Dr. John Hartmann

Proclaiming the Whole Counsel of God

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The Ministry of Stephen – Part 2 – His Preaching, Debates, and Theological Contribution

August 14th, 2011 · No Comments

In this study we look at Acts 6:8-7:60, examining the ministry of Stephen, whose ministry exemplifies the bold witness that comes from being clothed with power from on high. We also look at his theology, which is revealed in his indictment of the Jewish leaders/people in his discourse before the Council. First of all, his ministry:

  1. The first man aside from the apostles to perform signs and wonders.
  2. His debates with the Jews centered upon Jesus, but also focused on the Law and the Temple, whose abiding validity must be reviewed in light of the epoch-shift that occurred with Jesus’ death and resurrection.
  3. None can cope with the wisdom with which Stephen speaks; he therefore is brought to trial, as Jesus was, with plots and false witnesses.

As in the previous narrative (Acts 3-5), the one brought to trial before the Council becomes the prophetic prosecutor of his accusers. This has two purposes:

  1. Stephen brings a final and decisive prophetic indictment of the Council’s actions in condemning Jesus. He does this by way of an overview of Israel’s history which reveals a long-standing pattern of rejection of God’s message and messengers on the part of Israel and it’s leaders.
  2. Stephen’s ministry lays the groundwork for the theology of the apostle Paul – in which the Jew and Gentile in Christ now become the new temple of God and in which some aspects of the Law are shown to be no longer applicable to those living in Christ in the era of the new covenant.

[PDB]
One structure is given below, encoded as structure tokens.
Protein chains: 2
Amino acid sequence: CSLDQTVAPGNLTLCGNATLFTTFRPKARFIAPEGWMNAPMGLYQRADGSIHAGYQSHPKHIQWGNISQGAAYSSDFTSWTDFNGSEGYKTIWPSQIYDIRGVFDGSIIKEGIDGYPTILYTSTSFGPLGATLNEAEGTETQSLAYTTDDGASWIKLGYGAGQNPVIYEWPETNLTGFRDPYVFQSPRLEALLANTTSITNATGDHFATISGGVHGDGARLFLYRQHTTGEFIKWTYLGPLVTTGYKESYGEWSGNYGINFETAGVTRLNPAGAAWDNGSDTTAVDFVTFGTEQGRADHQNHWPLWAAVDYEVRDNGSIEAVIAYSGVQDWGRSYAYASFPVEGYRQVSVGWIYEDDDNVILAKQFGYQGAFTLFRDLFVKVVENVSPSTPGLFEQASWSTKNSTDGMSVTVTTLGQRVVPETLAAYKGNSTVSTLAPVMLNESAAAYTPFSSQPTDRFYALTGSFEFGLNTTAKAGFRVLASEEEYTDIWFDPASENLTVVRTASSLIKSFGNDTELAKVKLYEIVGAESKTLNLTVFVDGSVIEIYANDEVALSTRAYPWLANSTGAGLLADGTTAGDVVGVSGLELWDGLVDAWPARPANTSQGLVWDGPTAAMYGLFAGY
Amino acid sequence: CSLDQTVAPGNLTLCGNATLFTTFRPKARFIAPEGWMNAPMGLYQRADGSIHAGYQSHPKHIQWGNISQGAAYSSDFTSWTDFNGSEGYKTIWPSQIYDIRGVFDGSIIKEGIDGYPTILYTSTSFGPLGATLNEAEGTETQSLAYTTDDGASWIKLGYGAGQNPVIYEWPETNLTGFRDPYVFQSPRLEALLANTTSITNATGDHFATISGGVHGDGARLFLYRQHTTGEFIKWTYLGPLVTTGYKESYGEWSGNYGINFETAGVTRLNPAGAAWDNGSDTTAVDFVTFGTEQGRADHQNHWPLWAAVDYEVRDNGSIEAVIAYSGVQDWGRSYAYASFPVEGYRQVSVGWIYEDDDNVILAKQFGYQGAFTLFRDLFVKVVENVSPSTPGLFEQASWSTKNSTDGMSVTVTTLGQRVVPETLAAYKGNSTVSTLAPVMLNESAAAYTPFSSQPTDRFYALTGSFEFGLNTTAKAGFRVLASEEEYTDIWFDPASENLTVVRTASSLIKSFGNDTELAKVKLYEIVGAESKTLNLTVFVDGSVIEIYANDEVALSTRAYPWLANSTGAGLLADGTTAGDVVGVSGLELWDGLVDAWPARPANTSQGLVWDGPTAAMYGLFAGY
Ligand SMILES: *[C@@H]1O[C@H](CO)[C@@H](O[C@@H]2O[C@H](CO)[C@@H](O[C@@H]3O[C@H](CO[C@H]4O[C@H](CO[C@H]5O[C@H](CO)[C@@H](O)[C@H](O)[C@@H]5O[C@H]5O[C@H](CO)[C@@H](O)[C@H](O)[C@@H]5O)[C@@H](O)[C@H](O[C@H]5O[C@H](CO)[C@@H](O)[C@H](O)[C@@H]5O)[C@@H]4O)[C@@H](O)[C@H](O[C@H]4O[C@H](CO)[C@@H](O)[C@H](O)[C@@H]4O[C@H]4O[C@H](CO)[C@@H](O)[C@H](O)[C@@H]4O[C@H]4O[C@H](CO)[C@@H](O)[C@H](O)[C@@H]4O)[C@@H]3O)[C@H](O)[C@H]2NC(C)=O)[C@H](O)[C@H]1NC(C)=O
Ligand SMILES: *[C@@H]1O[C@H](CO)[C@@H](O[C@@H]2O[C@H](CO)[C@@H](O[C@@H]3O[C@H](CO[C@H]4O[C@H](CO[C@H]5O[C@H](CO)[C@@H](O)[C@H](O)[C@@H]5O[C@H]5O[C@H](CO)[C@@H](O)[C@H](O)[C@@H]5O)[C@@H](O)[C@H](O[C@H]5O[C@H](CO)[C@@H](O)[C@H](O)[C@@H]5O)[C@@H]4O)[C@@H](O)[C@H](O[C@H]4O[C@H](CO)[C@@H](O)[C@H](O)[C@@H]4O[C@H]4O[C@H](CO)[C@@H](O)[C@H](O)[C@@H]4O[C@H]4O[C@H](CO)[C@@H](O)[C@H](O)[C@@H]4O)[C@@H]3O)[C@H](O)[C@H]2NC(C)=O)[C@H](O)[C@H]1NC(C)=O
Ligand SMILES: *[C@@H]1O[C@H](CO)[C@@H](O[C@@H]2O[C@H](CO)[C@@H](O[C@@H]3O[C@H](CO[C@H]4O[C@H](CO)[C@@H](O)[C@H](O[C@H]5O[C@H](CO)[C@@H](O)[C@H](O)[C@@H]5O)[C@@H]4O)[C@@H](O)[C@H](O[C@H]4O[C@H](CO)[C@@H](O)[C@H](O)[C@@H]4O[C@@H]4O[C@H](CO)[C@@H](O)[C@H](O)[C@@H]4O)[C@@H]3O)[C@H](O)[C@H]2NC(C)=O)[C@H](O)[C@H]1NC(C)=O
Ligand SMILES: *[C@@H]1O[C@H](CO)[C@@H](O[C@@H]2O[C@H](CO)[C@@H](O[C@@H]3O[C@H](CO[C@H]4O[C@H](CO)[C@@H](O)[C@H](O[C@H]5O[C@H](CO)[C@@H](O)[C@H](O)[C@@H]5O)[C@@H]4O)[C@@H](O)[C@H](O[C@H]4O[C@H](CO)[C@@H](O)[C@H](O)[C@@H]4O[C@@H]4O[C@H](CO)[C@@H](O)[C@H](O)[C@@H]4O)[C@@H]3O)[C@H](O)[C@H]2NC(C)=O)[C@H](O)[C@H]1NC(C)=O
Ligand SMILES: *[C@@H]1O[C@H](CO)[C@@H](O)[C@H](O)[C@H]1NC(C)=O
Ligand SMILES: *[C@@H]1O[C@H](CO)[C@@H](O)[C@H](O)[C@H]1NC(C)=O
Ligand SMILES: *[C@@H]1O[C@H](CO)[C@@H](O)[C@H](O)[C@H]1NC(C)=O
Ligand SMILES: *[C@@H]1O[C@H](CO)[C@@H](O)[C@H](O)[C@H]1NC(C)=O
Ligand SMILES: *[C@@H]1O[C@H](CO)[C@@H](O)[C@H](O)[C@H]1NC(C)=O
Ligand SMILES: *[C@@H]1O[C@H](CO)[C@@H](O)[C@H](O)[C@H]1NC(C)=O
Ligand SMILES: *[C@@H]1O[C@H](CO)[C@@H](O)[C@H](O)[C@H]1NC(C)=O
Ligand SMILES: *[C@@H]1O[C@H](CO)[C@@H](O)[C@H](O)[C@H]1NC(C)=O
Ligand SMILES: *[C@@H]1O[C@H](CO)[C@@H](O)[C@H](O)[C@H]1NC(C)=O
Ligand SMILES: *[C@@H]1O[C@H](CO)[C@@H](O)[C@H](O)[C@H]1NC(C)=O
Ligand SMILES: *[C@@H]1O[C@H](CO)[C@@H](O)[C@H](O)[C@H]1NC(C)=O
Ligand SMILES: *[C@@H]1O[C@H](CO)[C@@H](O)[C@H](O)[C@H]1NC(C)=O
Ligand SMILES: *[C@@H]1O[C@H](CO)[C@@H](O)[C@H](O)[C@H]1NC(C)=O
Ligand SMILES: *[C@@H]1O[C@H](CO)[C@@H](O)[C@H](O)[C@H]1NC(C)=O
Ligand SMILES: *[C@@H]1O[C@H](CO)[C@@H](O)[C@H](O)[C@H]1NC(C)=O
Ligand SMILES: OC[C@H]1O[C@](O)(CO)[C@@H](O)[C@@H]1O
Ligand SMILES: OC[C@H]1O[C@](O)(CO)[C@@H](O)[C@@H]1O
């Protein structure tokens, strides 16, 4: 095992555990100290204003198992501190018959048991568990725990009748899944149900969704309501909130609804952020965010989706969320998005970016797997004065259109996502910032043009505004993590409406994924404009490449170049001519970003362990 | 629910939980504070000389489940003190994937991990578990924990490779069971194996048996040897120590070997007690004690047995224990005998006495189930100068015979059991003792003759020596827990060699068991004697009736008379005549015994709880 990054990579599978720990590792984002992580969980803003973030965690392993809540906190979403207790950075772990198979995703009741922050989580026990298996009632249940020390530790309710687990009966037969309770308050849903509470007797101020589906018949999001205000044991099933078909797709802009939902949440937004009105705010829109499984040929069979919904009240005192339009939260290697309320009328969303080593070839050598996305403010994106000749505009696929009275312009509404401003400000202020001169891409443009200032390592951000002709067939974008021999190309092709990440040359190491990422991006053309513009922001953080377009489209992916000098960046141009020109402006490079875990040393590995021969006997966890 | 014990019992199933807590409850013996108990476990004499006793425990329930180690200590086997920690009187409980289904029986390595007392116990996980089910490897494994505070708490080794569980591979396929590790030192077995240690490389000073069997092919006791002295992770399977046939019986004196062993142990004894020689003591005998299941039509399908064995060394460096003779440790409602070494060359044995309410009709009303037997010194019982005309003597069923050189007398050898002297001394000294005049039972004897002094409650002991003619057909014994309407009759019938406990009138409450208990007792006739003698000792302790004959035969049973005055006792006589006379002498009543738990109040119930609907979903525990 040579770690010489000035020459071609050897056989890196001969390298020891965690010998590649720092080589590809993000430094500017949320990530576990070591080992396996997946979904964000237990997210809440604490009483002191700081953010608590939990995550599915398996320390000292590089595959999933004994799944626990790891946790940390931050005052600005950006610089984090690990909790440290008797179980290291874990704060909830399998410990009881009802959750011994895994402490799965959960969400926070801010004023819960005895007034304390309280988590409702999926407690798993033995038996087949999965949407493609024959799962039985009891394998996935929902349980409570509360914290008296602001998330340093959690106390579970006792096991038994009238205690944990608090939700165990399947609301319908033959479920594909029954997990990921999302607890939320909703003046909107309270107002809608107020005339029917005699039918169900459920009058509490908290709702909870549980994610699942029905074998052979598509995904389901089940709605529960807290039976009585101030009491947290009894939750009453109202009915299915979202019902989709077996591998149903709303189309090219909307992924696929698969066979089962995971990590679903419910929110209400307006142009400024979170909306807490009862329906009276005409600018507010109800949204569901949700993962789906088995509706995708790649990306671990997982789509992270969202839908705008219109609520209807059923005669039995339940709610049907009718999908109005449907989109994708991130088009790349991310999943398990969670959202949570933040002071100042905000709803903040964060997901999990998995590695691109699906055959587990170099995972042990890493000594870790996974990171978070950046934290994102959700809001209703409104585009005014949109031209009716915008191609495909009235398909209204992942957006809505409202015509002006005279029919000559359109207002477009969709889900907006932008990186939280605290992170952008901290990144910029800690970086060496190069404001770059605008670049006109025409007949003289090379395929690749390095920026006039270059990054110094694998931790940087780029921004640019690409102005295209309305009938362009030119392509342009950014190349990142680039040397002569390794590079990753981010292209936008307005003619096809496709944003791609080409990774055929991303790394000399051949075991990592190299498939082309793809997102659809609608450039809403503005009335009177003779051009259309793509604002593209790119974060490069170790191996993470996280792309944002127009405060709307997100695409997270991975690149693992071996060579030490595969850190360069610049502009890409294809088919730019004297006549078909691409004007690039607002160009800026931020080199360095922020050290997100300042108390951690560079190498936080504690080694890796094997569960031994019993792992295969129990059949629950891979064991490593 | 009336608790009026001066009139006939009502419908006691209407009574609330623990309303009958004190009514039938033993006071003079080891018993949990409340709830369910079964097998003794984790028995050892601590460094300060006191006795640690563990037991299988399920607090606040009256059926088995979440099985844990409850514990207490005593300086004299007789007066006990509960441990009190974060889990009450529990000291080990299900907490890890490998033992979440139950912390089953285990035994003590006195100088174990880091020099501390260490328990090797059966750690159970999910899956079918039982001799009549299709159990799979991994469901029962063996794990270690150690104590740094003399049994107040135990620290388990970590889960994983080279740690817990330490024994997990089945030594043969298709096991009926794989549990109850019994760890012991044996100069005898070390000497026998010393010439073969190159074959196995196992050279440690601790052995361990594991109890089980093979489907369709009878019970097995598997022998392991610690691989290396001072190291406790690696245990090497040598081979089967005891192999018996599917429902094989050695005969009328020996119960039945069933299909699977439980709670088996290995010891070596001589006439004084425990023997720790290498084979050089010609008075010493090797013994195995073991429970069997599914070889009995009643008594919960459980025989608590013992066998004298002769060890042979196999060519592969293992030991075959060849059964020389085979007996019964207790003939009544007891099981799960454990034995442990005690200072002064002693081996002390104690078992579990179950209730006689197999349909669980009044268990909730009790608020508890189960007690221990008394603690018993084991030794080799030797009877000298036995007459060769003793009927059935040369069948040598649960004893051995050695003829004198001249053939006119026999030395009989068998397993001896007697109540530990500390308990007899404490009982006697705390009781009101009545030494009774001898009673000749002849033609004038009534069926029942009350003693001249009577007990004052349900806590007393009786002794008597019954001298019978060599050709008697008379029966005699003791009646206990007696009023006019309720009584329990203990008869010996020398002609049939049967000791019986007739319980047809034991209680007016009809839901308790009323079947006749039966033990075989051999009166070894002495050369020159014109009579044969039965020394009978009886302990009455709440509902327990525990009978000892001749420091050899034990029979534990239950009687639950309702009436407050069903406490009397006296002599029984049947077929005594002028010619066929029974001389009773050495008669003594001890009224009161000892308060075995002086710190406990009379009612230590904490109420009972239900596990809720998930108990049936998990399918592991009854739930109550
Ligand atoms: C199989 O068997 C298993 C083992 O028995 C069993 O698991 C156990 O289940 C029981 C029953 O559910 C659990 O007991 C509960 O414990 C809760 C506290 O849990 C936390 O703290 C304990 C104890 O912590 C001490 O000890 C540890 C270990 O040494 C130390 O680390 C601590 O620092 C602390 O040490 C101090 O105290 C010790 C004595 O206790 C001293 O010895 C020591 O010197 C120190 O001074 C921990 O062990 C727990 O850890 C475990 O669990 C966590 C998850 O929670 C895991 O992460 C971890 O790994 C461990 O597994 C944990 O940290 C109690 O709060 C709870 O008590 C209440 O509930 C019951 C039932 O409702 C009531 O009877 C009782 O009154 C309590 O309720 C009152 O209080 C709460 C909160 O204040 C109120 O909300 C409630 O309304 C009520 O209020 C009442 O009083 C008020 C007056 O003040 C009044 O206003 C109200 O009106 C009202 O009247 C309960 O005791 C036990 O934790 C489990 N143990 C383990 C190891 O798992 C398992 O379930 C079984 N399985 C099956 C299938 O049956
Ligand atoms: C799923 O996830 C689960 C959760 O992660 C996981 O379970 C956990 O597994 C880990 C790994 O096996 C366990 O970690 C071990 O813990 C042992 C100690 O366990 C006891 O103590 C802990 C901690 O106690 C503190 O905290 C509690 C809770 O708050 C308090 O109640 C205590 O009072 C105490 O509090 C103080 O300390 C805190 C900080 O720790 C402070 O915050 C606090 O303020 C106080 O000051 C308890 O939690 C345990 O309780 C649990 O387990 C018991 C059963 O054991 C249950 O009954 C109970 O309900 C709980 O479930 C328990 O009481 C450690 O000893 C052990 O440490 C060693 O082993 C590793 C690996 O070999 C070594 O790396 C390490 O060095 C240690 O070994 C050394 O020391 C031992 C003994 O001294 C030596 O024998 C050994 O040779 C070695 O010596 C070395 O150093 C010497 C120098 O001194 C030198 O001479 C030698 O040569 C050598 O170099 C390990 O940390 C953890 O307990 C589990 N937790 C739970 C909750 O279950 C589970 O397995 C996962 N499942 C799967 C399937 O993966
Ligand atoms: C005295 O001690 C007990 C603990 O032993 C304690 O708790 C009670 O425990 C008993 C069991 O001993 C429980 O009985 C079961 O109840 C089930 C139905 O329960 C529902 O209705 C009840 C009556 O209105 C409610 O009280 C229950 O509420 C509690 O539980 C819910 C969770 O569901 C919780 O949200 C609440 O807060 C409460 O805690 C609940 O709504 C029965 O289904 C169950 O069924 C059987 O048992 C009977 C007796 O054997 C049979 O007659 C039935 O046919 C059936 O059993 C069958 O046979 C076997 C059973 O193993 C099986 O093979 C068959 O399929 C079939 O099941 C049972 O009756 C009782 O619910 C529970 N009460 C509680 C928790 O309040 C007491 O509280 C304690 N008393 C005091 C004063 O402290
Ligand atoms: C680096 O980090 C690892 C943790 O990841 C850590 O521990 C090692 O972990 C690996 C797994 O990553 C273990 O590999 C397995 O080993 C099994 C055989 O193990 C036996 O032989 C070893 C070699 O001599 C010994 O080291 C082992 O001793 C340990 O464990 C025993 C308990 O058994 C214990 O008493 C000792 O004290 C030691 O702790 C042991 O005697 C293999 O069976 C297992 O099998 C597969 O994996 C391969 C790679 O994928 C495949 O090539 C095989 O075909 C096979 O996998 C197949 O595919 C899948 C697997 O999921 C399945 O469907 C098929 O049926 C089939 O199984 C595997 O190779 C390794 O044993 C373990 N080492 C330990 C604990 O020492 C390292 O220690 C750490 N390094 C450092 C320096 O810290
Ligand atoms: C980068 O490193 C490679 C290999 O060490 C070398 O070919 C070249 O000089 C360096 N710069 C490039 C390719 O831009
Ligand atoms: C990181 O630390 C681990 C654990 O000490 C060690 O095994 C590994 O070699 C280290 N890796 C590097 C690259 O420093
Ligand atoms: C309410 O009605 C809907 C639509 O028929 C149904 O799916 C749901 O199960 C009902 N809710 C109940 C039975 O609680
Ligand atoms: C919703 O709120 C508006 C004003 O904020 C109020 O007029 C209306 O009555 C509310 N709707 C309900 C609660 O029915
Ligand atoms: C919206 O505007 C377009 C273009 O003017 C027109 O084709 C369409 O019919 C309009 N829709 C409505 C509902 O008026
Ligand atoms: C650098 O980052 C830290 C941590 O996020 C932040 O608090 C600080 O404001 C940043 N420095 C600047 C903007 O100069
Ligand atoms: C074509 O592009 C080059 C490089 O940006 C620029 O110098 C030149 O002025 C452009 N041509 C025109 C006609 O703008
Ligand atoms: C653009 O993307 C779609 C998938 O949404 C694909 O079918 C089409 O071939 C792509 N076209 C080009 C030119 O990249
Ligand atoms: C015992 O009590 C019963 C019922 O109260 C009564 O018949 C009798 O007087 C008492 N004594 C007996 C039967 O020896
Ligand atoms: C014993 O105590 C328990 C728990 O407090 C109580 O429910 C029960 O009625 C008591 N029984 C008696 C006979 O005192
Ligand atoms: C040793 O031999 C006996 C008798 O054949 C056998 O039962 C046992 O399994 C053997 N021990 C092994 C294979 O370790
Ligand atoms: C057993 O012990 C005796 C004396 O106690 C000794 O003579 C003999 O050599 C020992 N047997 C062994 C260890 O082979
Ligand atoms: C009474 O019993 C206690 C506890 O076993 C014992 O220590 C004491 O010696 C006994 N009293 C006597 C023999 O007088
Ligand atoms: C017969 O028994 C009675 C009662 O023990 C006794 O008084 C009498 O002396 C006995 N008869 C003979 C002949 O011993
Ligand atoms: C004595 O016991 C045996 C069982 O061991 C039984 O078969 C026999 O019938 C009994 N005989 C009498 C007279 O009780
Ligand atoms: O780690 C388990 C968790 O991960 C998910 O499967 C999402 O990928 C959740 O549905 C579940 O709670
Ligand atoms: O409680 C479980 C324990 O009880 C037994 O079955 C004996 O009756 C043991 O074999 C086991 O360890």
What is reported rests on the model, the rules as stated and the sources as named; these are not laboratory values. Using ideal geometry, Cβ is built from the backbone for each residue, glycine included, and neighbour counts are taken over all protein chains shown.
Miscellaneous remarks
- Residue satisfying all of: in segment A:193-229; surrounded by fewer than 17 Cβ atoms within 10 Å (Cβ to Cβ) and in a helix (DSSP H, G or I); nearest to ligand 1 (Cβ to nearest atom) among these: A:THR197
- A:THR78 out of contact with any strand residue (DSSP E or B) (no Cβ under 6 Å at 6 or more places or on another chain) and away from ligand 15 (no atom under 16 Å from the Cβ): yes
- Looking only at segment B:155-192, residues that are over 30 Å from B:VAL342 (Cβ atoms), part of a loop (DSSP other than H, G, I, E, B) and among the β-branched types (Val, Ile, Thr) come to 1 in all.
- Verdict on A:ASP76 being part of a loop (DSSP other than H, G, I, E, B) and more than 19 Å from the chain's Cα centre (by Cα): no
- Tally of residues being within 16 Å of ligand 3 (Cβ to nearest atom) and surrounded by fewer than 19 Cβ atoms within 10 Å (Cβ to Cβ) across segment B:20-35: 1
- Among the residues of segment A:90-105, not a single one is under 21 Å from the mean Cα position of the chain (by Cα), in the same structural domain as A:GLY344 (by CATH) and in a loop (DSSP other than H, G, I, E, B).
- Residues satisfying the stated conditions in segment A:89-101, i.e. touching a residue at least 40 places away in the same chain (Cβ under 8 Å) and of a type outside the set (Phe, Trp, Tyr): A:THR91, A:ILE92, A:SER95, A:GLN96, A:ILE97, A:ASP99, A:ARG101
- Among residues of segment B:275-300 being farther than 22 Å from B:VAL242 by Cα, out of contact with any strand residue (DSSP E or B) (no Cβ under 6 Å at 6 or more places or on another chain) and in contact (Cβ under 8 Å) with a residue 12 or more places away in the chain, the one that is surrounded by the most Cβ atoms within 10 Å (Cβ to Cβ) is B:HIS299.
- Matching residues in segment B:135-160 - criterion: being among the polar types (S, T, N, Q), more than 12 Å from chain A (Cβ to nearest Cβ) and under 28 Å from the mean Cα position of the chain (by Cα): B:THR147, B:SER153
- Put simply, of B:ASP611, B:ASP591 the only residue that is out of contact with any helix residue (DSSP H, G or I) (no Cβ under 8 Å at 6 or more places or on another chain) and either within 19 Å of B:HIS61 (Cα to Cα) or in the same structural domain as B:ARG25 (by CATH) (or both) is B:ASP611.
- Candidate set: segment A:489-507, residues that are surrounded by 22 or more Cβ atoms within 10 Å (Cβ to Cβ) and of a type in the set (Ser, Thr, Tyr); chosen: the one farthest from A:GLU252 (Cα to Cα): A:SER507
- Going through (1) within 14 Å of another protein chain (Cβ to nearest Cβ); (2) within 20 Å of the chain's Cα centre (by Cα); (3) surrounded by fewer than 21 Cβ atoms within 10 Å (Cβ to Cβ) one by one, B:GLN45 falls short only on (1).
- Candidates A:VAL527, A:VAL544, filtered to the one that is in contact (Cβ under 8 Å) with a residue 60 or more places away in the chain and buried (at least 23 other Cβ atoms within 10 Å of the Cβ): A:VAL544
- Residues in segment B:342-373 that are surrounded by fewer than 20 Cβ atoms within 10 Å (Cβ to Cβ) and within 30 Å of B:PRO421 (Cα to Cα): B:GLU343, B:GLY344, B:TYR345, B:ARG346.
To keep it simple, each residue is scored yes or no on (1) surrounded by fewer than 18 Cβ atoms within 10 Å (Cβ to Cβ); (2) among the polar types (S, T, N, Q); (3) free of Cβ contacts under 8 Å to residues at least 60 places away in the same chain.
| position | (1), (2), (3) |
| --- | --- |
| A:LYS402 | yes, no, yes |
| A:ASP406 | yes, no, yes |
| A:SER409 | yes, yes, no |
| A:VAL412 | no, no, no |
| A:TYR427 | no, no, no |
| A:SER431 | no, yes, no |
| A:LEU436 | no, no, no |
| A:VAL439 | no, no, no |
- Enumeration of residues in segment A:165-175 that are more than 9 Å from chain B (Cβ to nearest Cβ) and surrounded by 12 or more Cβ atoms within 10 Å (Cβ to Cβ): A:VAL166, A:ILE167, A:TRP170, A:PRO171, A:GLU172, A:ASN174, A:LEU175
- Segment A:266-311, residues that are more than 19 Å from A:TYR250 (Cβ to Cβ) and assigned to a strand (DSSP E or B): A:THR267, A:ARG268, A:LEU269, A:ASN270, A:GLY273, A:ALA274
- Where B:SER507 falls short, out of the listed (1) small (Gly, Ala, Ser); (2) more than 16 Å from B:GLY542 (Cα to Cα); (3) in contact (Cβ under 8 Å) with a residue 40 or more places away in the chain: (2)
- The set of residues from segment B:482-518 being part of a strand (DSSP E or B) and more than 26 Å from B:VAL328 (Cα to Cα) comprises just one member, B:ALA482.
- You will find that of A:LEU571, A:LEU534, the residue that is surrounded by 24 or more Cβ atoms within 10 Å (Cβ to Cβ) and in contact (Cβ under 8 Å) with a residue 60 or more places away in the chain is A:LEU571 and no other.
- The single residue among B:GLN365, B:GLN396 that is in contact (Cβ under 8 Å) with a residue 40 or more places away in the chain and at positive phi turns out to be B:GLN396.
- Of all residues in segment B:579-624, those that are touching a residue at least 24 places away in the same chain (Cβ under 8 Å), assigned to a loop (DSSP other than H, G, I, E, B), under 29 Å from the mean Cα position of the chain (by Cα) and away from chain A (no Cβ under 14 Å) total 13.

There are 6 parts to Stephen’s discourse, as he bears witness before the Council (Acts 7:1-53):

  1. vv. 2-8 – Abraham, the patriarchs and the covenant God made with them
  2. vv. 9-16 – Joseph, rejected by his brothers due to jealousy, but raised up by God as deliverer
  3. vv. 17-38 – Moses, rejected as well, but also raised up as deliverer
  4. vv. 39-43 – Israel’s historical pattern of disobedience to the Law
  5. vv. 44-50 – the great question concerning the location of God’s dwelling place, with a citation of Isaiah 66:1-2a leaving the question hanging for those who have ears to hear the echo and who will take the time to look at what is left out, namely, the answer in Isa 66:2b.
  6. vv. 51-53 – The final indictment – those in the Council who had condemned Jesus were guilty of the murder of Jesus, just as their fathers had rejected and murdered the prophets. Israel, which had been brought into covenant with God and given the Law, now stood under the curse of the Law which they had repeatedly broken throughout salvation-history.

Stephen’s death marks the end of Luke’s narrative on the spread of the gospel in Jerusalem and becomes the starting point for the spread of the gospel to the farthest ends of the earth. As such, Stephen’s martyrdom marks the beginning of what will become the Gentile mission. The sharp divine irony here is that Saul of Tarsus, who will later be known as the apostle Paul, is God’s instrument to ignite the Gentile mission through his zealous persecution of the church.

Tags: Sermons

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